Thirdly, there is the Dalai Lama’s position as head of the “government-in-exile”. Beijing cannot be expected to deal with the Dalai Lama whilst he occupies such a position. As head of the “government-in-exile” the Dalai Lama is responsible for the actions of such groups as the Tibetan Youth Congress even as they wriggle out from under his control. That is why Beijing still refers to their violent actions as the actions of the” Dalai clique”.
Fourthly, the Dalai Lama still espouses the view that “ours struggle is very much related to dharma. It is not purely a political freedom struggle.” He adds, “the lamas still have control over the people.” The Dalai Lama is still clinging to a concept that most bourgeois states long ago rejected, namely the unity of church and state. He sometimes talks of a democratic future for an “autonomous” Tibet, but his real vision is based on the necessity for theocracy based on the supremacy of the divine laws of Buddhism (dharma).
Lastly, his closest associates have made it perfectly clear that “autonomy” is just a tactic, a means to an end, and that end is still the separation of “Greater Tibet” from China. The TYC and TPUM share this goal but are impatient for its realization and disagree with their spiritual leader over how it should be achieved.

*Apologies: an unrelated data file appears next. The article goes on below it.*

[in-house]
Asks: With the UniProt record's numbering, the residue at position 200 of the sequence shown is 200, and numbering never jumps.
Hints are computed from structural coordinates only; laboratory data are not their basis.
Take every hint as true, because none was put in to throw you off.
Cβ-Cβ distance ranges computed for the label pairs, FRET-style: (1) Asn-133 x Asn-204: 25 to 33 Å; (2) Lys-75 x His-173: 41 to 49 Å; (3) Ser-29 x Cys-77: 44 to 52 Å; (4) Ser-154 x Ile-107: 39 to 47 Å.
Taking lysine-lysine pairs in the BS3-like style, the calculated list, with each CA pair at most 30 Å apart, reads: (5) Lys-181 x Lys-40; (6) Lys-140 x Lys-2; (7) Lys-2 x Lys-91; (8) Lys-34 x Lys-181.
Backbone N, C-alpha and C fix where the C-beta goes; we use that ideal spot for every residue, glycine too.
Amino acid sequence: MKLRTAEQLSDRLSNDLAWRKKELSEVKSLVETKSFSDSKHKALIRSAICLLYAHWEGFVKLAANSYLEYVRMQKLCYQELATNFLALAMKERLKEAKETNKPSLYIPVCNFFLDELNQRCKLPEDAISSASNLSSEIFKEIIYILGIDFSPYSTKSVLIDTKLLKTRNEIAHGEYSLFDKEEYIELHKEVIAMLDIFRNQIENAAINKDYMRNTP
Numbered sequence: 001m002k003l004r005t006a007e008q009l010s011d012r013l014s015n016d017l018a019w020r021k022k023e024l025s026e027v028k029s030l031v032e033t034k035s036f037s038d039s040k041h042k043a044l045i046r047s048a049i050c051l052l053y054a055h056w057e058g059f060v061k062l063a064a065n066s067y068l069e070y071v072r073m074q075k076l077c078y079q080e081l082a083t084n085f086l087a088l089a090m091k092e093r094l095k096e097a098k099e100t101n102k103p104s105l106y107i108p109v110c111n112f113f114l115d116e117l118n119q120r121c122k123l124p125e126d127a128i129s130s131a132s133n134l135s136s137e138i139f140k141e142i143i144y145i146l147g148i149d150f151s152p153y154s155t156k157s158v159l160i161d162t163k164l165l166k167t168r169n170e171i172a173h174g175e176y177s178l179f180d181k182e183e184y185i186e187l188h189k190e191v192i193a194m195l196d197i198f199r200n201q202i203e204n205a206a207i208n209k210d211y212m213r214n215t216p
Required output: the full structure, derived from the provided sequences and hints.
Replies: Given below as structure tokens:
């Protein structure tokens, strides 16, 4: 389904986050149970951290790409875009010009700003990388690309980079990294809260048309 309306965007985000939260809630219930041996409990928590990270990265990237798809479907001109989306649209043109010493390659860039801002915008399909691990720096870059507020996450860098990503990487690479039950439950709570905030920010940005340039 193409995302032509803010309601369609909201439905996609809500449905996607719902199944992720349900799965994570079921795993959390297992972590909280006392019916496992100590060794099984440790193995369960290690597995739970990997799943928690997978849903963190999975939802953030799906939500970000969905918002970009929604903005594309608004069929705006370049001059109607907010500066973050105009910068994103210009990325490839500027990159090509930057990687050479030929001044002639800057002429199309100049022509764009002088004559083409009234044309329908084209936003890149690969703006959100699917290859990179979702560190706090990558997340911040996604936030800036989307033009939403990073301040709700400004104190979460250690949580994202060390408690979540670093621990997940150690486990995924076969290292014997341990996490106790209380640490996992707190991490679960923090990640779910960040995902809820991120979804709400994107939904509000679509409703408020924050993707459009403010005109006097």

The Chinese Communist Party has a principled stand on the question of Tibet.
The Dalai clique, on the other hand, is rent with division over how best to pursue the separatist agenda.
A formal split in their ranks is only a matter of time, and this – despite their apparent strength in disrupting the Olympic torch run –will weaken their cause irreversibly.
 See also his “Non-violence and Non-action” (Dec 27, 2007) at http://www.tibetwrites.org/?Non-Violence-And-Non-Action&lang=en
 See Asiaweek magazine, Sept 11, 1988 ‘Fires of Frustration’